CIA Official: Hackers Are Too Fastgreenspun.com : LUSENET : Grassroots Information Coordination Center (GICC) : One Thread
CIA Official: Hackers Are Too Fast Updated: Thu, Jun 21 3:36 PM EDT
By D. IAN HOPPER, Associated Press Writer
WASHINGTON (AP) - The CIA cannot predict computer attacks on U.S. systems before they happen, as the agency is expected to do with political and military events, a top CIA official told Congress on Thursday.
Despite a major increase in intelligence efforts dedicated to computer security, attackers still develop new tools and techniques faster than the CIA can keep up, Lawrence K. Gershwin said.
Often, "we end up detecting it after it's happened," said Gershwin, the CIA's top adviser on science and technology issues. "I don't feel very good about our ability to anticipate."
Gershwin told the Joint Economic Committee that foreign governments are the most potent threat to U.S. computers for the next five to 10 years, rather than terrorists or lone troublemakers.
So far, he said, individual hackers don't have the skills or the motive to make a major attack against U.S. infrastructure like the telephone system or financial networks. And since terrorists want immediate and predictable results, they will stick with their current attacks for the foreseeable future.
"Terrorists really like to make sure that what they do works," Gershwin said. "They do very nicely with explosions, so we think largely they're working on that."
Still, Gershwin warned that a terrorist organization could surprise intelligence officers and mount a cyber attack within the next six months.
The committee focused on the vulnerabilities faced because of the separation of the public and private sector. Even though the government uses commercial networks, and vice versa, there still is little information shared and attackers could exploit that split.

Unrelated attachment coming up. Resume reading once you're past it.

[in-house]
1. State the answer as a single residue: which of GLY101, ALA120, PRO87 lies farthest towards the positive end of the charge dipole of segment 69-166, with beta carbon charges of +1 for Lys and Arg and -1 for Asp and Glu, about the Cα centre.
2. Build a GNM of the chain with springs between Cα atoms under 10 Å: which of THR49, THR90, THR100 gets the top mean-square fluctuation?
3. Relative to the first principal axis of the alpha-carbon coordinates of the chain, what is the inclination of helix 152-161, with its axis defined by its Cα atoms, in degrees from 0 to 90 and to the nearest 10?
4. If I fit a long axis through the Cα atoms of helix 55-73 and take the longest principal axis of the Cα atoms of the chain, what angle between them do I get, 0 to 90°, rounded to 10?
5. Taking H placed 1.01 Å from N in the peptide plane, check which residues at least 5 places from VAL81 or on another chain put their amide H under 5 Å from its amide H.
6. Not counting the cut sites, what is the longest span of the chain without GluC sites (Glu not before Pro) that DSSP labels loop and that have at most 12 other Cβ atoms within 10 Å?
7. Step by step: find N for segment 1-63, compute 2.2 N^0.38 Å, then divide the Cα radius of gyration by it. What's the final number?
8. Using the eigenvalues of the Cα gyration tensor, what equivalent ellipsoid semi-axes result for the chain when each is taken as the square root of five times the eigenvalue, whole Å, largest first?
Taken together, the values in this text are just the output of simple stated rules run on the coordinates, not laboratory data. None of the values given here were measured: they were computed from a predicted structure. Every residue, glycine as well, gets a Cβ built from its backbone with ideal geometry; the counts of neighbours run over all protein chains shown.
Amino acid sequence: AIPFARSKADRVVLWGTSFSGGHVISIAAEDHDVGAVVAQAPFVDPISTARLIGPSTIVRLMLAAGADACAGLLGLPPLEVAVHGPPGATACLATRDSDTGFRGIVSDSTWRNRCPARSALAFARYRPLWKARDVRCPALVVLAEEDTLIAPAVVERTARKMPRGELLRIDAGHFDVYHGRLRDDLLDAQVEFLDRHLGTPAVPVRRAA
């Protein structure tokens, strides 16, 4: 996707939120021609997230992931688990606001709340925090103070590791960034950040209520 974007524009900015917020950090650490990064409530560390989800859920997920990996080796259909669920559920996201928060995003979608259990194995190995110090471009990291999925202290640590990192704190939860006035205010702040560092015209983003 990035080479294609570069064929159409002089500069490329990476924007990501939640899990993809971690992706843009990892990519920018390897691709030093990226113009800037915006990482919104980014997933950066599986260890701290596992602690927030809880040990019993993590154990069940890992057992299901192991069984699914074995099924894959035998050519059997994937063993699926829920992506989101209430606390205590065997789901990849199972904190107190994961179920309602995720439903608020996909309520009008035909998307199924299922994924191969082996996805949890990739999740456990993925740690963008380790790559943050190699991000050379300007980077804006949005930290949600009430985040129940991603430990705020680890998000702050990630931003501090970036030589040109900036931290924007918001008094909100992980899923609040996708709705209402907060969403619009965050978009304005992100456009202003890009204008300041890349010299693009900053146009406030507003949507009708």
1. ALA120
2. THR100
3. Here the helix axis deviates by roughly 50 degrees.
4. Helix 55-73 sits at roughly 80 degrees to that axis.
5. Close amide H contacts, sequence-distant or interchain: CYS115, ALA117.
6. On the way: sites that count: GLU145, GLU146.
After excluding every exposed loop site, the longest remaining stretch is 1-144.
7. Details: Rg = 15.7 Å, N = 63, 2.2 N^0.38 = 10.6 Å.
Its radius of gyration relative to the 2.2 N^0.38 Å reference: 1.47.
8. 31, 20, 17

"When a commander at the Pentagon tries to call a commander in the field," Sen. Robert Bennett, R-Utah, said, "he's connecting with Verizon."
Gershwin said that this reliance on private networks can mean that a foreign power could install a backdoor into government systems.
"While we may be working with American companies on issues at some point, there are contracts and subcontracts," Gershwin said. "It gets hard to tell who's doing the work for you."
Gershwin and other legislators said they would like to see more cooperation between businesses and government, similar to the programs designed to beat the Y2K bug.
There are some public-private collaborations, such as the FBI's InfraGard program to get closer to tech companies and the federal Information Sharing Analysis Centers. But there is still much distrust, as companies don't want to share their vulnerabilities with other firms or see them reported publicly, and the government holds back its secrets.
"I'd like to think we can work on that collaboration now," said Rep. Adam Putnam, R-Fla., "rather than when there's a crisis."
-- Martin Thompson (firstname.lastname@example.org), June 21, 2001
<< "When a commander at the Pentagon tries to call a commander in the field," Sen. Robert Bennett, R-Utah, said, "he's connecting with Verizon." >>
Presumably this means that a good time to invade the U.S. would be, say, Mother's Day when the telephone circuits are overloaded.
And does the Pentagon get the same screwed-up bills as residential customers?
-- Andre Weltman (email@example.com), June 22, 2001.